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Subject: Robert Newton Peck, Author of the young adult novel "A Day No Pigs Would Die", died in June


Author:
He was 92
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Date Posted: Monday, September 21, 12:00:35pm

https://www.orlandosentinel.com/news/os-ne-robert-newton-peck-longwood-obit-20200704-qigceq7r7bfdncug53ub2dxxni-story.html

Robert Newton Peck, the author of popular Young Adult novels including “A Day No Pigs Would Die” and “Soup,” died on June 23 at his apartment in the Village on the Green senior community in Longwood. He was 92.

“He just headed for the positive,” said his wife of 25 years, Sharon “Sam” Peck. “He always headed for the light. He celebrated the kind, little people in his books.”

After serving with the Army in Italy following WWII, Peck first came to Central Florida to attend Rollins College on a football scholarship. His wife said it was a mentor at the university who convinced him to study writing.

It was also at Rollins that he met his longtime friend Fred Rogers of “Mister Rogers’ Neighborhood.” Rogers served as best man in Peck’s wedding to his first wife.

Before becoming an author, Peck worked in advertising in New York. “Even up in the city, he would dress like a cowboy,” said Sam. “He’d wear a sheepskin jacket and a Stetson hat, just to set himself apart.”

Published in 1972, “A Day No Pigs Would Die” was Peck’s debut novel. The coming-of-age story follows a young Rob Peck during a crucial age with his butcher father in rural Vermont.

While the book is generally considered to be semi-autobiographical, Peck’s early life is something of a mystery. He was born in Ticonderoga, New York, and attended high school there, but he kept the details on much of his life private. “He only admitted a few years ago that he never knew his dad,” said Sam.

“I believe the part about losing the farm was true,” said Sam. “I believe a lot of what he wrote about [in terms of animal slaughter], he really saw, the brutality he witnessed.”

Some of the brutality in “A Day No Pigs Would Die” made it a regular target for banning from schools and libraries. The American Library Association listed it as No. 16 out of the 100 most challenged books in the 1990s, just ahead of “The Color Purple” by Alice Walker.

But Peck prided himself on writing books that were appropriate for children. “He used to say over and over that his books were clean,” said Sam.

Peck was a supporter of education and often spoke at conferences and colleges. He often talked about the influence of his first teacher, Miss Kelly, in a single-room schoolhouse in Vermont.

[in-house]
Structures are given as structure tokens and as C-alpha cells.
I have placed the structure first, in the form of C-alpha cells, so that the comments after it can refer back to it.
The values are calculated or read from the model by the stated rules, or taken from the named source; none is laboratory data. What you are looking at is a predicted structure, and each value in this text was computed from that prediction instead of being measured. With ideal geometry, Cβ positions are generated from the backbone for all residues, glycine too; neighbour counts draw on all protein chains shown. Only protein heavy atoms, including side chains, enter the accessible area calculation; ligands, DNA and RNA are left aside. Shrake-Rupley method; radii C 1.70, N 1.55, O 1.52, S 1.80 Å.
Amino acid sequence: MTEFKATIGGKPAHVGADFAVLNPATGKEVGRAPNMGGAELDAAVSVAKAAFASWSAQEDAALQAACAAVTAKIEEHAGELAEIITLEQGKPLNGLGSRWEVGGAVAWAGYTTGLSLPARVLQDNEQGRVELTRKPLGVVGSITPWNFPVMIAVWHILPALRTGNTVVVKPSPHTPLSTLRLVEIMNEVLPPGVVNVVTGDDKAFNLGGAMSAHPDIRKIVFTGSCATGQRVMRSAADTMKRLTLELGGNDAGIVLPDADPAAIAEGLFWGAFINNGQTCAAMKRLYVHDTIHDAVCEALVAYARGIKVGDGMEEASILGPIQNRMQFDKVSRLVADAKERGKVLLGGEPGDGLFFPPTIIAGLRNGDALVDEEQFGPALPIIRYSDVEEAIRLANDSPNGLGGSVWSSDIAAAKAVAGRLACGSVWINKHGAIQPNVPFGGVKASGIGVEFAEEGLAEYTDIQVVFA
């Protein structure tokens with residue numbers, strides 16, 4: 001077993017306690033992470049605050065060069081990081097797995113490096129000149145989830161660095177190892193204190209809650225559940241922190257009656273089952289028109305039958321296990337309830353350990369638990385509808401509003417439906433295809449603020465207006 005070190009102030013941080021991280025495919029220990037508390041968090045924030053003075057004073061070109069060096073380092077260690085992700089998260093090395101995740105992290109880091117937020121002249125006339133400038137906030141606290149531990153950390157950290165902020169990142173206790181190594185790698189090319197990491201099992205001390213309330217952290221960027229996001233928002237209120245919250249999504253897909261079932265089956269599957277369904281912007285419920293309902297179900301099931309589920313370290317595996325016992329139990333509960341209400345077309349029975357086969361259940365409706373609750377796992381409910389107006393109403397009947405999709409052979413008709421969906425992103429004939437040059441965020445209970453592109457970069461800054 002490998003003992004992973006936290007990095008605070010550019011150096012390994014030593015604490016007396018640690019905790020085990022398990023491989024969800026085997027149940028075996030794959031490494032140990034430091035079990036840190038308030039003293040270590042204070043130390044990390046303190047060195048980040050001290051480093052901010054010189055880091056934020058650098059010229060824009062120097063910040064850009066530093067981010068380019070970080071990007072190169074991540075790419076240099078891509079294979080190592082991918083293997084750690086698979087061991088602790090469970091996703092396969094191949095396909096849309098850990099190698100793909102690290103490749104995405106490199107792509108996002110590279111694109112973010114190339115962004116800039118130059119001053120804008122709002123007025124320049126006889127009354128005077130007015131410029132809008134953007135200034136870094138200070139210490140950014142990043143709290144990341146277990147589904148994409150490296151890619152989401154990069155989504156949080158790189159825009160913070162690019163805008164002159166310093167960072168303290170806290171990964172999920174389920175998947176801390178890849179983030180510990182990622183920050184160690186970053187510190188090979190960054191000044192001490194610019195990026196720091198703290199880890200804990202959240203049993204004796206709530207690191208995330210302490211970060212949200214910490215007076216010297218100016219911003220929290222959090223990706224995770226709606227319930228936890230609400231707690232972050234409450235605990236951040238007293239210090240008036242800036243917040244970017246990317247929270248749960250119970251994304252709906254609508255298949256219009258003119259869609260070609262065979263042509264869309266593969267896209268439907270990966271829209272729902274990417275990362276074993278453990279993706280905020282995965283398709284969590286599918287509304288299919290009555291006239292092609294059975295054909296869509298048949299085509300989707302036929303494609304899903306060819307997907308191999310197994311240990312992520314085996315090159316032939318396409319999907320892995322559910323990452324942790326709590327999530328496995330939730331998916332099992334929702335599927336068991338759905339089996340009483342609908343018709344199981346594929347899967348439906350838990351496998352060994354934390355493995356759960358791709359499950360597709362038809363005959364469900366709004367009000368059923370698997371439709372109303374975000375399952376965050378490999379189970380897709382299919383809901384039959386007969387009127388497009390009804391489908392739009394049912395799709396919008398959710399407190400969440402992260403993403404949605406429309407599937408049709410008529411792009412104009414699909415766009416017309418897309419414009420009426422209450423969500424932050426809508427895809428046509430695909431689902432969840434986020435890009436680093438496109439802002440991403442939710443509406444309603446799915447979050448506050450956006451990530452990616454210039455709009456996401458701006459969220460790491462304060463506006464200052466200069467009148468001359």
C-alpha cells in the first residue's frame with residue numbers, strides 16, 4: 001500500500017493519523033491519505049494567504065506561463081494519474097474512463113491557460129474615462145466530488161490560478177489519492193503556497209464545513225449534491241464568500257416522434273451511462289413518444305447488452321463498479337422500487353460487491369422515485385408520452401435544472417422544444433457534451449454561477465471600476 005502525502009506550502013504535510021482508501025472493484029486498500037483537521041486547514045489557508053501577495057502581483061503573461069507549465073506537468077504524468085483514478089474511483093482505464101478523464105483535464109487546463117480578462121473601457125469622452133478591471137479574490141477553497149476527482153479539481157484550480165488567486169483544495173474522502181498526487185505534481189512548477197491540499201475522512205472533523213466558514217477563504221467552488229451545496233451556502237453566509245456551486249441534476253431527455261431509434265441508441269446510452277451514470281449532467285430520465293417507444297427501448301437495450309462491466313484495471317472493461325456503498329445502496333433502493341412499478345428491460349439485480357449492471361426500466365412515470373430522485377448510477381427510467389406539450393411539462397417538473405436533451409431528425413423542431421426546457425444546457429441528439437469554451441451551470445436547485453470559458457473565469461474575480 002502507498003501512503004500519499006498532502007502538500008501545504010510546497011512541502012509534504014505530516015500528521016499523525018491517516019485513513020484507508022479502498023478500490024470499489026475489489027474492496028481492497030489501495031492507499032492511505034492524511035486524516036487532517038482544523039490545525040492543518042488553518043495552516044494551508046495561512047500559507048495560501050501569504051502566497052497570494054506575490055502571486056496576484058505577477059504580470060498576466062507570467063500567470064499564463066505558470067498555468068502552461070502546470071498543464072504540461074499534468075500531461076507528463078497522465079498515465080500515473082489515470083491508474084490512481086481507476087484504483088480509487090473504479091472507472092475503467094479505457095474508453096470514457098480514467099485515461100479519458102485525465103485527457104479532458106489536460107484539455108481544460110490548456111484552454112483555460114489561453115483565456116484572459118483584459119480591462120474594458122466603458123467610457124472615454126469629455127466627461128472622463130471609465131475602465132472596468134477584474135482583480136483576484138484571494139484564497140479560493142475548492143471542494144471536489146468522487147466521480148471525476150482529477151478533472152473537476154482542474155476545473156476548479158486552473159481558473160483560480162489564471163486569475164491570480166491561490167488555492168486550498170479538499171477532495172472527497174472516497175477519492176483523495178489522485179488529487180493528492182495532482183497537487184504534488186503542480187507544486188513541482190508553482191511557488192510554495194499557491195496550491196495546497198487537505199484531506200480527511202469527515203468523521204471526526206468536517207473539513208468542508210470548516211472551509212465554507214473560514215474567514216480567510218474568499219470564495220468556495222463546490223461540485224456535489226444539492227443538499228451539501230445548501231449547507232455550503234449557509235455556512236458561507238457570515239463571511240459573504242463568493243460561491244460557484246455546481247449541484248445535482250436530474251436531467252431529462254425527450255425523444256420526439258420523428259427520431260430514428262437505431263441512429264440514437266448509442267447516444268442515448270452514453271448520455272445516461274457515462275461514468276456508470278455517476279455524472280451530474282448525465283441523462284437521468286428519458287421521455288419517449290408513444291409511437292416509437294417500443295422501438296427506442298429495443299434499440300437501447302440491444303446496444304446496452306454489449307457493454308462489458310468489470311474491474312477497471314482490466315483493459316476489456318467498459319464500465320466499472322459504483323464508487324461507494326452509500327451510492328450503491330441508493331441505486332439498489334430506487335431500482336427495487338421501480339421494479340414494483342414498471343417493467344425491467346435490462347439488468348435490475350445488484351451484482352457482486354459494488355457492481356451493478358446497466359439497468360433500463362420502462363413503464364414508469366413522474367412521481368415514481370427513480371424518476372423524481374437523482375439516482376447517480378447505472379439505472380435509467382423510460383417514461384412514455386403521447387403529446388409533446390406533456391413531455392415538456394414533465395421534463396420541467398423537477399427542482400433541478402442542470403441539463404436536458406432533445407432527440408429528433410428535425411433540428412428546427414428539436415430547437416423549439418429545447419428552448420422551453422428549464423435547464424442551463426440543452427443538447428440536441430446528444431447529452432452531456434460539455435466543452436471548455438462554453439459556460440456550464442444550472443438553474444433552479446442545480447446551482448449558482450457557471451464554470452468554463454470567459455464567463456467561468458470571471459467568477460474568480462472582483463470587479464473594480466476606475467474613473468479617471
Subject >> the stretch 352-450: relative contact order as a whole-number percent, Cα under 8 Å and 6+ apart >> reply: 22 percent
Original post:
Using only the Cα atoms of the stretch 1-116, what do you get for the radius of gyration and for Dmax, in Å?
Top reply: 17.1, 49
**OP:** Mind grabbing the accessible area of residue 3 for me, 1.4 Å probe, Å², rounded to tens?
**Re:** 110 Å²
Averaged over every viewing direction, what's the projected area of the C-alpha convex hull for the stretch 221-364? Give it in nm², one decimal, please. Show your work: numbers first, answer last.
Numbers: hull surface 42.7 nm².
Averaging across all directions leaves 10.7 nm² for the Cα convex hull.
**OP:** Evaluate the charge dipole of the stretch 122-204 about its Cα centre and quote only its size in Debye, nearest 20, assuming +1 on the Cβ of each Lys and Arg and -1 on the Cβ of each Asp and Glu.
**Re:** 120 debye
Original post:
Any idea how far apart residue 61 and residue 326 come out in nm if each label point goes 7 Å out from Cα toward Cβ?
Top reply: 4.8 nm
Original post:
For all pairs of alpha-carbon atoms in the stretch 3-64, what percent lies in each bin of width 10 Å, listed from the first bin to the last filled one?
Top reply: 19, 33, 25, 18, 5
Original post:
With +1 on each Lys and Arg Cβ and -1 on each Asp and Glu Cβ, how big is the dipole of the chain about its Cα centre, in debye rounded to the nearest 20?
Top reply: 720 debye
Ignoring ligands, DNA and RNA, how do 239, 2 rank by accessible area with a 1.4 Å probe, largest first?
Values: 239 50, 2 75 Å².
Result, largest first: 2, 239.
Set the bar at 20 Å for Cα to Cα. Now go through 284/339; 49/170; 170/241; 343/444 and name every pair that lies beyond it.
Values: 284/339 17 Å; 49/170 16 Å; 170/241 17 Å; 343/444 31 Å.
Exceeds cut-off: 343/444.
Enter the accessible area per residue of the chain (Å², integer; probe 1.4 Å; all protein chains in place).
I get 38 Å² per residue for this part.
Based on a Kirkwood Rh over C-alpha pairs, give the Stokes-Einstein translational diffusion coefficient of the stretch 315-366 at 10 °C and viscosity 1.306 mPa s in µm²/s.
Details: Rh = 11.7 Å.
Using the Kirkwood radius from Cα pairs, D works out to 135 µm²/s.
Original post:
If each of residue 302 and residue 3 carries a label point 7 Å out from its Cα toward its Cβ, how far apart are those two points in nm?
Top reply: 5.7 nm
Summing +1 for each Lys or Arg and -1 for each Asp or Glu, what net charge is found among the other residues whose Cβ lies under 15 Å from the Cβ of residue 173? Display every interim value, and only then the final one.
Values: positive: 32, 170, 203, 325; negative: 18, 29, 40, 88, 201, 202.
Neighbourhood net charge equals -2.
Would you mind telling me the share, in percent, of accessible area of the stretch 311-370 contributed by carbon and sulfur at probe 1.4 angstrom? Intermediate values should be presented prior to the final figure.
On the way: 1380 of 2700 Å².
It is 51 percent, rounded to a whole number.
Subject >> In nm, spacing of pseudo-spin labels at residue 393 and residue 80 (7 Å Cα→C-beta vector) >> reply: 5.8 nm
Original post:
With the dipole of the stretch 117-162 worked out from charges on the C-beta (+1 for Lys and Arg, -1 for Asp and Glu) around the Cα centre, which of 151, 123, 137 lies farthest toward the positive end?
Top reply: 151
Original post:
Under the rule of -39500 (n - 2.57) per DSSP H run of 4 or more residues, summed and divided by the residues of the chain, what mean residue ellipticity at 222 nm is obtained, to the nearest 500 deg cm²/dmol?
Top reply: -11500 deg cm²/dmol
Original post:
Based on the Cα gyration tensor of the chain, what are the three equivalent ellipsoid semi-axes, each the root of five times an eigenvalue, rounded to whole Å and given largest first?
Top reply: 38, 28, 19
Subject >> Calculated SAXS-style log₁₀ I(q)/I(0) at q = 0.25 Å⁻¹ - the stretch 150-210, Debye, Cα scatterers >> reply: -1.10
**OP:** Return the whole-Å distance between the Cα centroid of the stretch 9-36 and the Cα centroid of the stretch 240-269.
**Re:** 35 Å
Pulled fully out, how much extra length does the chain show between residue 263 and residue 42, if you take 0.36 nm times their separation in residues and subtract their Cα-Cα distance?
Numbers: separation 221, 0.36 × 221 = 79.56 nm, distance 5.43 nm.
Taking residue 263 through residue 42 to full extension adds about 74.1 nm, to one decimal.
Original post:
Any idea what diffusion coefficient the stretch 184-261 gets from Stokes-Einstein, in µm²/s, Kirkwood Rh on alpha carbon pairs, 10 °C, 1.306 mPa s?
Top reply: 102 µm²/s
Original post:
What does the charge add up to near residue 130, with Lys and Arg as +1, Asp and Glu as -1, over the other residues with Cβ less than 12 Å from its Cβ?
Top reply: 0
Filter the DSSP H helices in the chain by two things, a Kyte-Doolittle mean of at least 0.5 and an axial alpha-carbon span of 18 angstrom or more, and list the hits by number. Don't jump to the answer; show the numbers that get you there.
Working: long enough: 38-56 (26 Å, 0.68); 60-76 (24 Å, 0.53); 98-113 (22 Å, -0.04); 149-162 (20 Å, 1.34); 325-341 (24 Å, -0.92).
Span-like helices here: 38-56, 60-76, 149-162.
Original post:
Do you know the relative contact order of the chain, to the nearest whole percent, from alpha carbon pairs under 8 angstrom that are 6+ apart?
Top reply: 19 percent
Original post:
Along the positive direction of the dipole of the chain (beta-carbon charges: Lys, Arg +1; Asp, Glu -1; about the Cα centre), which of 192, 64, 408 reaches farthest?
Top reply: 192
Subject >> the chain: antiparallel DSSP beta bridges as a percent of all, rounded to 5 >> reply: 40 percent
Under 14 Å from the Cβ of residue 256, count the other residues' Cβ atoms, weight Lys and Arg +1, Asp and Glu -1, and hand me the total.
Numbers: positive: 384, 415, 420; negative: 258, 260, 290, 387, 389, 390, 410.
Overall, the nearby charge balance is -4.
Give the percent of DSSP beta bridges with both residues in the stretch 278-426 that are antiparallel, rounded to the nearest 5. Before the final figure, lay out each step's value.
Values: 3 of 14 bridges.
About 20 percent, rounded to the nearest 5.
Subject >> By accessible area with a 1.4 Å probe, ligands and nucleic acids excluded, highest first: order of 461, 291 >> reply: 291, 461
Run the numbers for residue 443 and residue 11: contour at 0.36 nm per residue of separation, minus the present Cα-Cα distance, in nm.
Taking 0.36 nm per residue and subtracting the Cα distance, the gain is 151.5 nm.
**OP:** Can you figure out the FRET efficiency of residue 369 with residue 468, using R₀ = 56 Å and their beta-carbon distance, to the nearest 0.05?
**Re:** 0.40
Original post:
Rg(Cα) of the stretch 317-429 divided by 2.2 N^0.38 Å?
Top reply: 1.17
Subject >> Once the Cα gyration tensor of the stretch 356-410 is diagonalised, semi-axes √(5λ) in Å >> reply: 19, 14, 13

Friend and fellow writer F. Anthony D’Alessandro remembers a time that he invited Peck to speak to a class at Valencia College. “He volunteered to do it without pay,” said D’Alessandro. “He was loyal.”

D’Alessandro, who became friends with Peck in 2002, said that he was good at giving advice on improving imagery and characterization. “‘Tony,' he said, ‘readers can’t see nervous,‘” D’Alessandro recalled. “‘Instead of telling me Bill is nervous, show me Bill biting his thumb.‘”

Though he didn’t read music, Peck played piano by ear and was known as a gregarious speaker and entertainer. Even former Sentinel staffers George Diaz and Terri Winefordner, who only knew Peck from the gym, recalled how quickly he could draw people into a conversation

“He was very funny, always a delight,” said Winefordner.

“Mr. Peck certainly had the gift of gab and I enjoyed our conversations during morning workouts at the gym,” said Diaz. “Those words he spoke often translated eloquently into print.”

Peck moved permanently to Florida in the 1970s. In his career, he published more than 65 Young Adult novels. He is preceded in death by his son, Christopher, and survived by his wife, his daughter Anne and his grandson Stephen.

Peck will be interred at the Florida National Cemetery in Bushnell.

In the “Something About the Author” series, Volume 108, published by the Gale Group, Peck gave a rundown of his conservative values. Near the end, he left some encouragement for aspiring writers, written in his homespun voice. “Sometimes it discourages an author when the novel he’s attempting to write isn’t quite ripening for harvest,” he said. “But it almost always eventually does.”

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